The game is over. Real Madrid has won La Decima. Allegedly, Sergio Ramos has not dropped the trophy. Thus, as per the actual game, there’s not a lot to write home about. Atletico defended with numbers and score off a setpiece/goalie error. Madrid switched formations (pushing Ronaldo up as a striker and Di Maria wide as a winger) and then made some key positive subs (Isco for Khedira, Marcelo for Coentrao) to turn the momentum, tie the game, and dominate in extra time.
But still, Atletico had a wonderful season. They won La Liga. They reached the Champions League final. They sold Falcao last summer, yet only improved. If they sell Diego Costa this summer and improve by the same increment, they will win every trophy imaginable (and probably some made up ones). Yet just how has Atletico done it?
Many have ideas. They are almost all at odds. Continue reading “Real Madrid v. Atletico Recap: Tactical Indeterminacy Revisited” »
Did you read the latest fuss about the World Cup in Brazil? Well, apparently the City of Rio is having problems with an aging taxi fleet operated by private businessman. Basically, many fear that the meters on many taxis are out of date and can be easily manipulated, thus gauging tourists. Thus, many taxis will be using maps of zones that, in theory, should help tourists by setting prices.
Aside from the philosophical objection to a government “fixing prices”, there’s a practical problem: the maps are confusing, especially if one considers that many tourists won’t speak Portuguese. However, there’s an even bigger problem, and that’s the media coverage.
Here’s why. Continue reading “Every World Cup Article Ever: Third World Country Scams Tourists” »
Our award-wanking coverage of Deadspin’s MLS coverage has reached a new low. For those with memory problems, MLS season was about to kick off when, boom, Deadspin dropped a kinda long-ish article about why fans should not bother caring. I wrote a point-by-point response and, of course, the soft-skinned, over-internetted MLS clique responded with rage. What hurt most was not the core thesis of Billy’s argument, that MLS is a clear notch below La Liga, but the conclusion that it was therefore unwatchtable.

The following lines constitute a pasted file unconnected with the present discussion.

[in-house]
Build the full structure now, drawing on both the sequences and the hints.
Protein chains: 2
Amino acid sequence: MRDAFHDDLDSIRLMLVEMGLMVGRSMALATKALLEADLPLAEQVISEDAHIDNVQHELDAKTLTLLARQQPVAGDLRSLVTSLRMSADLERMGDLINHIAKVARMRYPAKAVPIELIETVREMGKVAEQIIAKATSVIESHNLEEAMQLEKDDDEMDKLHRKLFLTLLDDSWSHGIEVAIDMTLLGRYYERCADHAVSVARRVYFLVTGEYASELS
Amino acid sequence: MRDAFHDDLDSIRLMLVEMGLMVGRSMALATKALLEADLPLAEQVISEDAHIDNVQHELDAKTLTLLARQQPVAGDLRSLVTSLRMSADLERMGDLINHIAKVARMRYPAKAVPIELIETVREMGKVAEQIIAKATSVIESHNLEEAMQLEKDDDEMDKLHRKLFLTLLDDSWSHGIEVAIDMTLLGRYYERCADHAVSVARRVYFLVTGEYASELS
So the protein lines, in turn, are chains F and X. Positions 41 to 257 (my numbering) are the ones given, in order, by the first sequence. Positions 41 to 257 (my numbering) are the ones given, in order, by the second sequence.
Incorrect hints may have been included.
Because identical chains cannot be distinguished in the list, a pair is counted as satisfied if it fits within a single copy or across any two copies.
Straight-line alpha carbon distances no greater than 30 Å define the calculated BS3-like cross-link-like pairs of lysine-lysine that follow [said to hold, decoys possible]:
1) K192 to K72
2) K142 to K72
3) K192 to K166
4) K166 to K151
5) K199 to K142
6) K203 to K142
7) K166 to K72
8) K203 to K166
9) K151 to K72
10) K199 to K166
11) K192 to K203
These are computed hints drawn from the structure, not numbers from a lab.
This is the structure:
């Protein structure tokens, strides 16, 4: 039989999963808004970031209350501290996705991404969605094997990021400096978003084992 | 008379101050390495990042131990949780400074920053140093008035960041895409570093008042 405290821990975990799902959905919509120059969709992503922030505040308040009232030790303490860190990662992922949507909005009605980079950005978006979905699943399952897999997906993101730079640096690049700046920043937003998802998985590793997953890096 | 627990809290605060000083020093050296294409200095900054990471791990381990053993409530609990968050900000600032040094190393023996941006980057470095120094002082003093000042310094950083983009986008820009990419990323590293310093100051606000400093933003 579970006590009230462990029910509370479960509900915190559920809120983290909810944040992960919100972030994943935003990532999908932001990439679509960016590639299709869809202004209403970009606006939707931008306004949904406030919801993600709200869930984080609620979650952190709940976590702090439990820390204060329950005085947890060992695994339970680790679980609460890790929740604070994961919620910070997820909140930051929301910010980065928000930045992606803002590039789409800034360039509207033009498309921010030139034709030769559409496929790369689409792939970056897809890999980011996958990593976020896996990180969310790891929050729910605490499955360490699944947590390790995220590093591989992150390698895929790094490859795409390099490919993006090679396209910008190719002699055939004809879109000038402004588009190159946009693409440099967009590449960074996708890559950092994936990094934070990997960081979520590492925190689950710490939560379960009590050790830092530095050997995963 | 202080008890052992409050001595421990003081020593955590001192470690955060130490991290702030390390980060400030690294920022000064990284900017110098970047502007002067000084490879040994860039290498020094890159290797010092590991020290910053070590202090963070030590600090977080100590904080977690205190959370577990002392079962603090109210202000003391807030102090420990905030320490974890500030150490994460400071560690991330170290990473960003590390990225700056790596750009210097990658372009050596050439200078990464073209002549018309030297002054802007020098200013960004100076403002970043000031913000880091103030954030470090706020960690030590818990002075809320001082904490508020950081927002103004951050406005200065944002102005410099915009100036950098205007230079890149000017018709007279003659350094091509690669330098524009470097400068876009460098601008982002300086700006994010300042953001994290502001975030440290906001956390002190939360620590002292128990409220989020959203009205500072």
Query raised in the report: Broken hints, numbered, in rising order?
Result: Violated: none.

Still, Billy kept hammering away. MLS got all excited and announced another Southeast expansion team without a soccer-specific stadium (read: Atlanta). Bam, Billy hit the keyboards to churn out an ATL franchise take down. Again, the arguments had solid bases, but the tone…well, the tone was a bit over the top. Folks wondered – why does somebody have an axe to grind with little old MLS? What’s Billy’s deal? Did his mother attend Miami Fusion matches instead of holding him as a baby?
Then, some pictures surfaced. And now everything makes sense. Continue reading “Compromising Pictures of Billy Haisley Explain his Distaste for MLS” »
Atletico is campeon. Long live Atletico. If you’re a Real Madrid fan, you’re used to losing La Liga by now. FC Barcelona has been off the charts the last decade, so we’ve been happy with Copitas del Rey and good Champions League showings (and the occasional SuperCup). This year, we all know that the big game still looms: this Saturday, the chance at La Decima. For non-Spanish speakers, “La Decima” means “The Decima.”
I’ve had the pleasure of writing some historical summaries/snippets for SoccerPro this past week and the series will run until Friday. It deals with Real Madrid’s past and present. Here’s Part I and Part II. Enjoy.
The Carlo era is a success. By that, I mean he has equaled Jose Mourinho’s trophy haul in his first and third seasons at Madrid (He won the King’s Cup the first year and SuperCup the third). At first glance, Carlo has Madrid playing slightly more attacking, offensive soccer. The team has reached the Champions League final and made the race for La Liga interesting until the last month.
However, a close look that some other things have stayed the same. Continue reading “Some Real Sober Reflections” »